Sadly, we appear to be heading back to “every man for himself” and not “we’re in this together”. As a mum of three children with SEN/Disabilities, I know the challenges that we face and how difficult it can be to think of the bigger picture when we are fighting for our child but I know that if I want things to improve for my children, it has to improve for all children, or we will continue to have a system that works only for those who shout the loudest. I am absolutely exhausted from all the legislation I have had to read and comprehend, I am emotionally drained from all the appeals and battles we have had and I am frustrated beyond belief when I have to spend time being “advocate/secretary” when I want to spend that time being “mum”.
My children will be young people one day and I know from the Justice for LB campaign and Mark Neary’s Love, Belief and Balls blog the difficulties that may lay ahead. As difficult as it to read some of their experiences and as much as I would love to believe it could never happen to us, I know that sadly if we don’t stand together now to make it better, then it really could happen to us, and it could happen to you. I am grateful that they have taken the time to share their stories because they are stories we need to hear. There are many stories out there and we need to do something together to stop these stories being repeated in the future.
Bringing Us Together has launched a concept of “Mastermind groups“. People with similar interests, working together towards the same goals.
However, I am not arrogant enough to think that everyone would want to work with us at Bringing Us Together, nor do I think it should be the only option. In the same way that our children and young people do not fit in just one box, neither do we.
- Some of us like Facebook to stay involved, some of us hate Facebook;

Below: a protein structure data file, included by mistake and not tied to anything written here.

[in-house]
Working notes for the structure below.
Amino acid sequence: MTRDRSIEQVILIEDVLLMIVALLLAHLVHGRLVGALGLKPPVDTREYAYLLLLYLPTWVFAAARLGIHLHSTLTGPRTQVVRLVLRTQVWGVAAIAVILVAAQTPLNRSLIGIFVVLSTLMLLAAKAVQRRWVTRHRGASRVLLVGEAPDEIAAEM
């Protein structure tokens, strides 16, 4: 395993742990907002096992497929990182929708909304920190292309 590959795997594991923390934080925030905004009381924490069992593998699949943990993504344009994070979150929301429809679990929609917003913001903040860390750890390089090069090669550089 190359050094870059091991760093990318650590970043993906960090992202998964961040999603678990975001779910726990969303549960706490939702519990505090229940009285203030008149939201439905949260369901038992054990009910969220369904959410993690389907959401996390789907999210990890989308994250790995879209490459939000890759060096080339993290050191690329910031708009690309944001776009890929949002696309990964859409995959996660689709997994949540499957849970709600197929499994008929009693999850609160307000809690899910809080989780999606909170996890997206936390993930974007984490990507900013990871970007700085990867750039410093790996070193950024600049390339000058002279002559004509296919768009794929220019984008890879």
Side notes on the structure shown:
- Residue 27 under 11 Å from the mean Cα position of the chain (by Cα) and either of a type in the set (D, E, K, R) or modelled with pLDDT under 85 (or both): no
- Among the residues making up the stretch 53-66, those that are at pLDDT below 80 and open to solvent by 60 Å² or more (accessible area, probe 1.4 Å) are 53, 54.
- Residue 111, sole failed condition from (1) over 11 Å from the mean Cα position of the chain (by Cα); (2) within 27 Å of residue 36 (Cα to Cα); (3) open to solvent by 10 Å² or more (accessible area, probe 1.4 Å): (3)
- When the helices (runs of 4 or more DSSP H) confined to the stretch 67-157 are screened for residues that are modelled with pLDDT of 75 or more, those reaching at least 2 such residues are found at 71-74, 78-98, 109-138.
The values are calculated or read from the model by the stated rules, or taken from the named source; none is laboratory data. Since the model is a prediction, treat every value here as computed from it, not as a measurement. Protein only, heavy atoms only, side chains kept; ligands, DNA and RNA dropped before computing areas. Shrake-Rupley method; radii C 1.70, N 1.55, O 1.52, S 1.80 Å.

- some of us use Twitter, some of us just don’t get it;
- some of us love on-line forums, some of us find them quite “cliquey”
- some of us are involved with local support groups, some of us would rather not;
- some of us are involved in parent carer forums, some of us dislike even the idea of them;
- some of us read blogs and respond to questions and surveys on there, some of us find that eats away at our data package.
We are all different and we all have something to offer. We can all get involved in making a difference but we have to work together for this to be effective. Being told that the only way you can make a difference is by taking one route takes away our choice so we don’t engage. We need creativity and new ideas/suggestions and more importantly, we need to learn that we don’t all have to be in charge to make a difference, we can achieve more as part of a great team.
When we work independently, we are duplicating the work, coming up with the same results and getting exhausted. Then guess what? Nothing changes. No one wins.
The Justice for LB campaign showed us it is possible to do it. So, think about how you could make a difference. Then think about what you would like to change. Then find a team that works for you and share their progress with others.